Blind Hudson Valley Veteran Aims to Help Lives of Disabled Vets
A blind Hudson Valley veteran produced a feature film and song to help bring attention to disabled vets and improve their lives.
Marty Klein, 70, a blind veteran living in Woodstock recently finished his feature-length documentary, "Why Can't We Serve?"
The film includes interviews with veterans, some from the Hudson Valley, counselors and policymakers. Klein wrote, produced and directed the film, while hiring local a cinematographer, Mike Nelson, to carry out his vision.
Klein lost his vision to a rare eye disease while serving in the U.S. Air Force in the late 1960s, according to a press release.
"Before that, I had 20-20 vision," Klein said. "I had no idea that it would be the beginning of a total loss of vision."
Klein was inspired to produce the film after learning about the high amount of veteran's who commit suicide.
22 veterans commit suicide each day, amounting to over 8,000 deaths annually, according to data compiled by the U.S. Department of Veterans Affairs.
The film's goal is to improve the lives of wounded military personnel and disabled veterans.
"My premise was that when these soldiers go to combat and come back wounded, there is no place for them in the military, so I decided to expose this with this film," Klein said. "They get discharged and are given a disability check and that's that. Many want to keep serving, but now, they're floundering and don't know what to do."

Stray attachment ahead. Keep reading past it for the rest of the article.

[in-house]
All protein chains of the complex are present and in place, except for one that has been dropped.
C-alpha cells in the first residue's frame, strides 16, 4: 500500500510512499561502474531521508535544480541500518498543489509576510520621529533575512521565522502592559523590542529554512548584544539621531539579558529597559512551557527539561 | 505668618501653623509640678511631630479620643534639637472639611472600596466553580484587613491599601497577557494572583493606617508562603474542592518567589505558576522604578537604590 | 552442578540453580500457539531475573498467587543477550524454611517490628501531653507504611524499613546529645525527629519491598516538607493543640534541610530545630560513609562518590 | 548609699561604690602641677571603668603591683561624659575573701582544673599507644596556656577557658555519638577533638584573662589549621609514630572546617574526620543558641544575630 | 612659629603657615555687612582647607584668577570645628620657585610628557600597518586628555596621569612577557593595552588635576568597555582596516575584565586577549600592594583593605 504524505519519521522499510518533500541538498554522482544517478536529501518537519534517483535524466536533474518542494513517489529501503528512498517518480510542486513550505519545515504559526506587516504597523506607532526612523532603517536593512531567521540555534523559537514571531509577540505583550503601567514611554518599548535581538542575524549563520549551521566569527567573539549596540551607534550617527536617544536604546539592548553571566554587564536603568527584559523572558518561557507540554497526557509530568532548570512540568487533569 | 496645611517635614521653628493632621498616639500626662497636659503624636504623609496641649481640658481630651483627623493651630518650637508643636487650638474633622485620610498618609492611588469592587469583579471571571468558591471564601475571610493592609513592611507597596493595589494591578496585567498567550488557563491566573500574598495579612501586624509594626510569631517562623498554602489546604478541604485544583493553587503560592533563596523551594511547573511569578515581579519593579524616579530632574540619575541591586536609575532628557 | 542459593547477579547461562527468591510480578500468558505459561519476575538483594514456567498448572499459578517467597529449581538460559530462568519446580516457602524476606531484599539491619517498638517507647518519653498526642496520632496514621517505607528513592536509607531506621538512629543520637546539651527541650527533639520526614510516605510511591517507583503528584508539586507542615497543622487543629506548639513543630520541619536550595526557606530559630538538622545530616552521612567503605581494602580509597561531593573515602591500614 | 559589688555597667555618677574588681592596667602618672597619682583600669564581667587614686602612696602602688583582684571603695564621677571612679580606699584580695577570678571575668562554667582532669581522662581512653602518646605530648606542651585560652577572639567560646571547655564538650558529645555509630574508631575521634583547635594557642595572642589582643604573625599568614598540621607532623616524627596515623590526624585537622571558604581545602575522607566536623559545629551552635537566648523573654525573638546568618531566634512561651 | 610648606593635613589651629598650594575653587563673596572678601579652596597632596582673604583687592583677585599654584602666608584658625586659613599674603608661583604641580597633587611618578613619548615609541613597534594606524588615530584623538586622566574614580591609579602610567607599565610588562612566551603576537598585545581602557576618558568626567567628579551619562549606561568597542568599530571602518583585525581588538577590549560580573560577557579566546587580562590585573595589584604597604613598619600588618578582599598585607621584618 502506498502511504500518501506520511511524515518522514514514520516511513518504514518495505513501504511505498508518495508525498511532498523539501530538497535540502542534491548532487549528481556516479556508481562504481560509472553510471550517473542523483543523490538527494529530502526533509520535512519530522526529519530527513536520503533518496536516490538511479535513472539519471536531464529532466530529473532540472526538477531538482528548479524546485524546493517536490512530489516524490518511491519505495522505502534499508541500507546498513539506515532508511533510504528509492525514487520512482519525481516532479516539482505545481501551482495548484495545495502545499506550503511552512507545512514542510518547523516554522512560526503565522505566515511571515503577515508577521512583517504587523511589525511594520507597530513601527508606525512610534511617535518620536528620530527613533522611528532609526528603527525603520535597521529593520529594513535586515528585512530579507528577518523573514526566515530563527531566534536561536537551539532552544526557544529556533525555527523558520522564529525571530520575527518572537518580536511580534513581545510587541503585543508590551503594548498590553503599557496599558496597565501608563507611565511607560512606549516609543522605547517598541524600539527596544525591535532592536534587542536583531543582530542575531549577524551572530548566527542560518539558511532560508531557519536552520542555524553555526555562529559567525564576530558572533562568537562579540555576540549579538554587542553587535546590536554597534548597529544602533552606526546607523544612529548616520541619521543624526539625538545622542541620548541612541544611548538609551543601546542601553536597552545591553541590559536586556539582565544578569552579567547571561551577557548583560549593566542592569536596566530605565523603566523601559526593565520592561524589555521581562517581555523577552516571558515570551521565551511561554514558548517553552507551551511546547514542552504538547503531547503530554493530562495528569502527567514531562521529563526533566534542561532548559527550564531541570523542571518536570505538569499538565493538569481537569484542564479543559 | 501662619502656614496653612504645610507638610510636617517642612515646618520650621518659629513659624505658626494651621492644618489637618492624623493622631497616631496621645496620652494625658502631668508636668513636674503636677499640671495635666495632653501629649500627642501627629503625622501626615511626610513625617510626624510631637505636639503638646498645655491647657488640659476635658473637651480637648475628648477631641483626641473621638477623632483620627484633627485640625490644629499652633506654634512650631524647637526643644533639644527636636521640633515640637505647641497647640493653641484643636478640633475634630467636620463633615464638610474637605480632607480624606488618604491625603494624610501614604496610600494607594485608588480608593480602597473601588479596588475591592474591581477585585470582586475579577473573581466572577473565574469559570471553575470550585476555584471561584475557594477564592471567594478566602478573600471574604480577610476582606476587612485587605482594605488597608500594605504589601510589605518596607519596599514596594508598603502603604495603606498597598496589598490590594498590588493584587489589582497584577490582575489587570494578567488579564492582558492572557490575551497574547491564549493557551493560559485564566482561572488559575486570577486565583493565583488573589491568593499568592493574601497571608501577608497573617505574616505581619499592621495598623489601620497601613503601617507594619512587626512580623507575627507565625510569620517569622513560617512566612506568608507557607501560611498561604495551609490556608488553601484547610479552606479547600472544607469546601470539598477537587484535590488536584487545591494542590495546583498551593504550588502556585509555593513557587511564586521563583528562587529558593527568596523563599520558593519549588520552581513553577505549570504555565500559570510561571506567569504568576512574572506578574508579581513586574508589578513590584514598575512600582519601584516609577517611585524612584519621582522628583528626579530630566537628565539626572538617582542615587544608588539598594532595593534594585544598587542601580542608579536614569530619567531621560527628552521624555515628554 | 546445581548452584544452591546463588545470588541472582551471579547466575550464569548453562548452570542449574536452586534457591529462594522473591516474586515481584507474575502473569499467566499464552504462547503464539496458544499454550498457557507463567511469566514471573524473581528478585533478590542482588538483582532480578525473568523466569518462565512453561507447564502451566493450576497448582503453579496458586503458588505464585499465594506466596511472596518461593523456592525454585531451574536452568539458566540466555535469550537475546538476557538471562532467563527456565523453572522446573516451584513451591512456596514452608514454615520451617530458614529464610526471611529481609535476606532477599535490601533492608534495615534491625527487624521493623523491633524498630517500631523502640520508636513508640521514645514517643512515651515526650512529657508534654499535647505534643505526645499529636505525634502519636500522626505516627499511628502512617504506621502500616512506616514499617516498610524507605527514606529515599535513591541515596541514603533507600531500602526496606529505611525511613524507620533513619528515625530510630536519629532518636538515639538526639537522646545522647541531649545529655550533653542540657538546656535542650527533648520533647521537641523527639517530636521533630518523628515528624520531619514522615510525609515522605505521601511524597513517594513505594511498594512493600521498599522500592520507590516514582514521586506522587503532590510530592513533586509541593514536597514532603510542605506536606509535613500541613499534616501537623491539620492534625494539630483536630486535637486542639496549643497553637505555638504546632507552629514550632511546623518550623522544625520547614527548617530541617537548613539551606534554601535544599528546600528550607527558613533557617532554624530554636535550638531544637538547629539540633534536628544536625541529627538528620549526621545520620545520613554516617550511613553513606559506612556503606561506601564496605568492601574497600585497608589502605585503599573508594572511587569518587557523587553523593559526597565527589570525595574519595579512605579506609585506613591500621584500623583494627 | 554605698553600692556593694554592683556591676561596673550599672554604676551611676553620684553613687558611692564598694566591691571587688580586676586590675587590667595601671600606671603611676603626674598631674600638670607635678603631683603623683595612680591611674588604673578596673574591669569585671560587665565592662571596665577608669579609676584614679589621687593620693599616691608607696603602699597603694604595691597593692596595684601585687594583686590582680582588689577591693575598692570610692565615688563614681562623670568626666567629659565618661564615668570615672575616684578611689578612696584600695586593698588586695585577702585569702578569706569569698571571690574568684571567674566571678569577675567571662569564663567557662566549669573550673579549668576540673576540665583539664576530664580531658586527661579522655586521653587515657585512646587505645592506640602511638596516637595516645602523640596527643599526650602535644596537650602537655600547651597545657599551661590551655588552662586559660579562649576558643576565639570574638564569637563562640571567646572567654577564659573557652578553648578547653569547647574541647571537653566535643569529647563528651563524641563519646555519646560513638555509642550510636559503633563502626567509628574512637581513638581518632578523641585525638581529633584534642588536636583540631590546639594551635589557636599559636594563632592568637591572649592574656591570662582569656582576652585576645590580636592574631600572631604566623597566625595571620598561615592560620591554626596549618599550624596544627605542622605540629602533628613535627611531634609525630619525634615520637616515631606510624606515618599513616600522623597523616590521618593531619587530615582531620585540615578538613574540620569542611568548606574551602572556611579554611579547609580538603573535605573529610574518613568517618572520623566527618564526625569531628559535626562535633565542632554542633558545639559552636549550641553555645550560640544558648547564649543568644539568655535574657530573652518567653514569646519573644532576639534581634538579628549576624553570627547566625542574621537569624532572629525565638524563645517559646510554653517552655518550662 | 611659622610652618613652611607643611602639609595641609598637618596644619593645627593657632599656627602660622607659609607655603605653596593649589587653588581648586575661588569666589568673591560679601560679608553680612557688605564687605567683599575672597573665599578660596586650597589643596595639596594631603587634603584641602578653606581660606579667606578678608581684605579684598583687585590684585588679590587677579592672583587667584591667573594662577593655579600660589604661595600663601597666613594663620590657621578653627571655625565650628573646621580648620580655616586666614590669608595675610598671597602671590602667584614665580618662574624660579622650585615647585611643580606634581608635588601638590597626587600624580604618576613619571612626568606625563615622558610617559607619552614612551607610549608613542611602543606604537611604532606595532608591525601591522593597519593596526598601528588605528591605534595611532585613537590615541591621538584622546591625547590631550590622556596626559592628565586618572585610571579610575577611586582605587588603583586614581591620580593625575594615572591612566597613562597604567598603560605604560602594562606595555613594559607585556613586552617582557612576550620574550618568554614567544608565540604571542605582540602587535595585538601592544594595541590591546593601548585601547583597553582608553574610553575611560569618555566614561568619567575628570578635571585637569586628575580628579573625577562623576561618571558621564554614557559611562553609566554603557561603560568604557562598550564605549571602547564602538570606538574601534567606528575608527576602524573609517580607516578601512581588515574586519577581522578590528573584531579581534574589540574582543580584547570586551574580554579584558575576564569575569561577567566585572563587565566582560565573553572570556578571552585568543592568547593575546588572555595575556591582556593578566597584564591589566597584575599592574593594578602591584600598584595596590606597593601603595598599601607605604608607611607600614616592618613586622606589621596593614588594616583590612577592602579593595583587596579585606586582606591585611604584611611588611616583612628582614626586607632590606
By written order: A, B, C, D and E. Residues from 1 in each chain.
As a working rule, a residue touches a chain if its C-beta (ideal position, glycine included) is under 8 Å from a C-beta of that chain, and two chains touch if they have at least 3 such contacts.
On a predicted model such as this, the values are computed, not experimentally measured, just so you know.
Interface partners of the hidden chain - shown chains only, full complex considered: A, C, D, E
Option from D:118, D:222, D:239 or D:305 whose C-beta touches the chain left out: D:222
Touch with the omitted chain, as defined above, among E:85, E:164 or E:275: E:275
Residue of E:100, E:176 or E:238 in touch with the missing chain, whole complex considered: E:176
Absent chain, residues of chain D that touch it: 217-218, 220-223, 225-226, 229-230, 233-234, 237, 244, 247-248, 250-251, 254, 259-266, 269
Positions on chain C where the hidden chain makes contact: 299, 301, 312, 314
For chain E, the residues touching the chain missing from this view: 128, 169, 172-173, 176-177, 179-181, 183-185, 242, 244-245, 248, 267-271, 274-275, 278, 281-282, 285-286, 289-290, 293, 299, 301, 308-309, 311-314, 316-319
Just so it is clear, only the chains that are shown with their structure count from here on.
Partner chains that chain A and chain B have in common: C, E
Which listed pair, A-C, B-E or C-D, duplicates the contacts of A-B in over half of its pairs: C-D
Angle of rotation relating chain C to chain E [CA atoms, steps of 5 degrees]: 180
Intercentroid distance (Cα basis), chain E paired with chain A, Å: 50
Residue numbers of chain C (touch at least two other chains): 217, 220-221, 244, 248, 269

The documentary's theme song is "Veterans' Anthem," an original song by Klein. The song was recorded at Natural Studios in Saugerties. It features Klein on lead vocals. He's backed by famous musicians like John Sebastian on harmonica; folk singer Amy Fradon on backup vocals; Eric Parker on percussion; Jim Barbaro on guitar; and Cathie Malach on the keyboard, according to a press release.
The song is purposely upbeat to instill hope among America's veterans, Klein said. The song can be heard below.
Klein began working on the film in 2016. The Kingston Veterans Association helped raise more than $8,000 for the project, according to Klein.
Klein hopes to get his documentary shown nation-wide, including at next year's GI Film Festival.
Here in the Hudson Valley, the film will be screened for free on Veterans Day, Sunday, Nov. 11, at 7 p.m. at the Kingston VFW.
The documentary will also be shown on Tuesday, Nov. 13, at the Rosendale Theatre at 7:15 p.m. After the screening, Klein and other veterans who appear in the film will take questions from the audience. General admission is $10 and $8 for Rosendale Theatre members.
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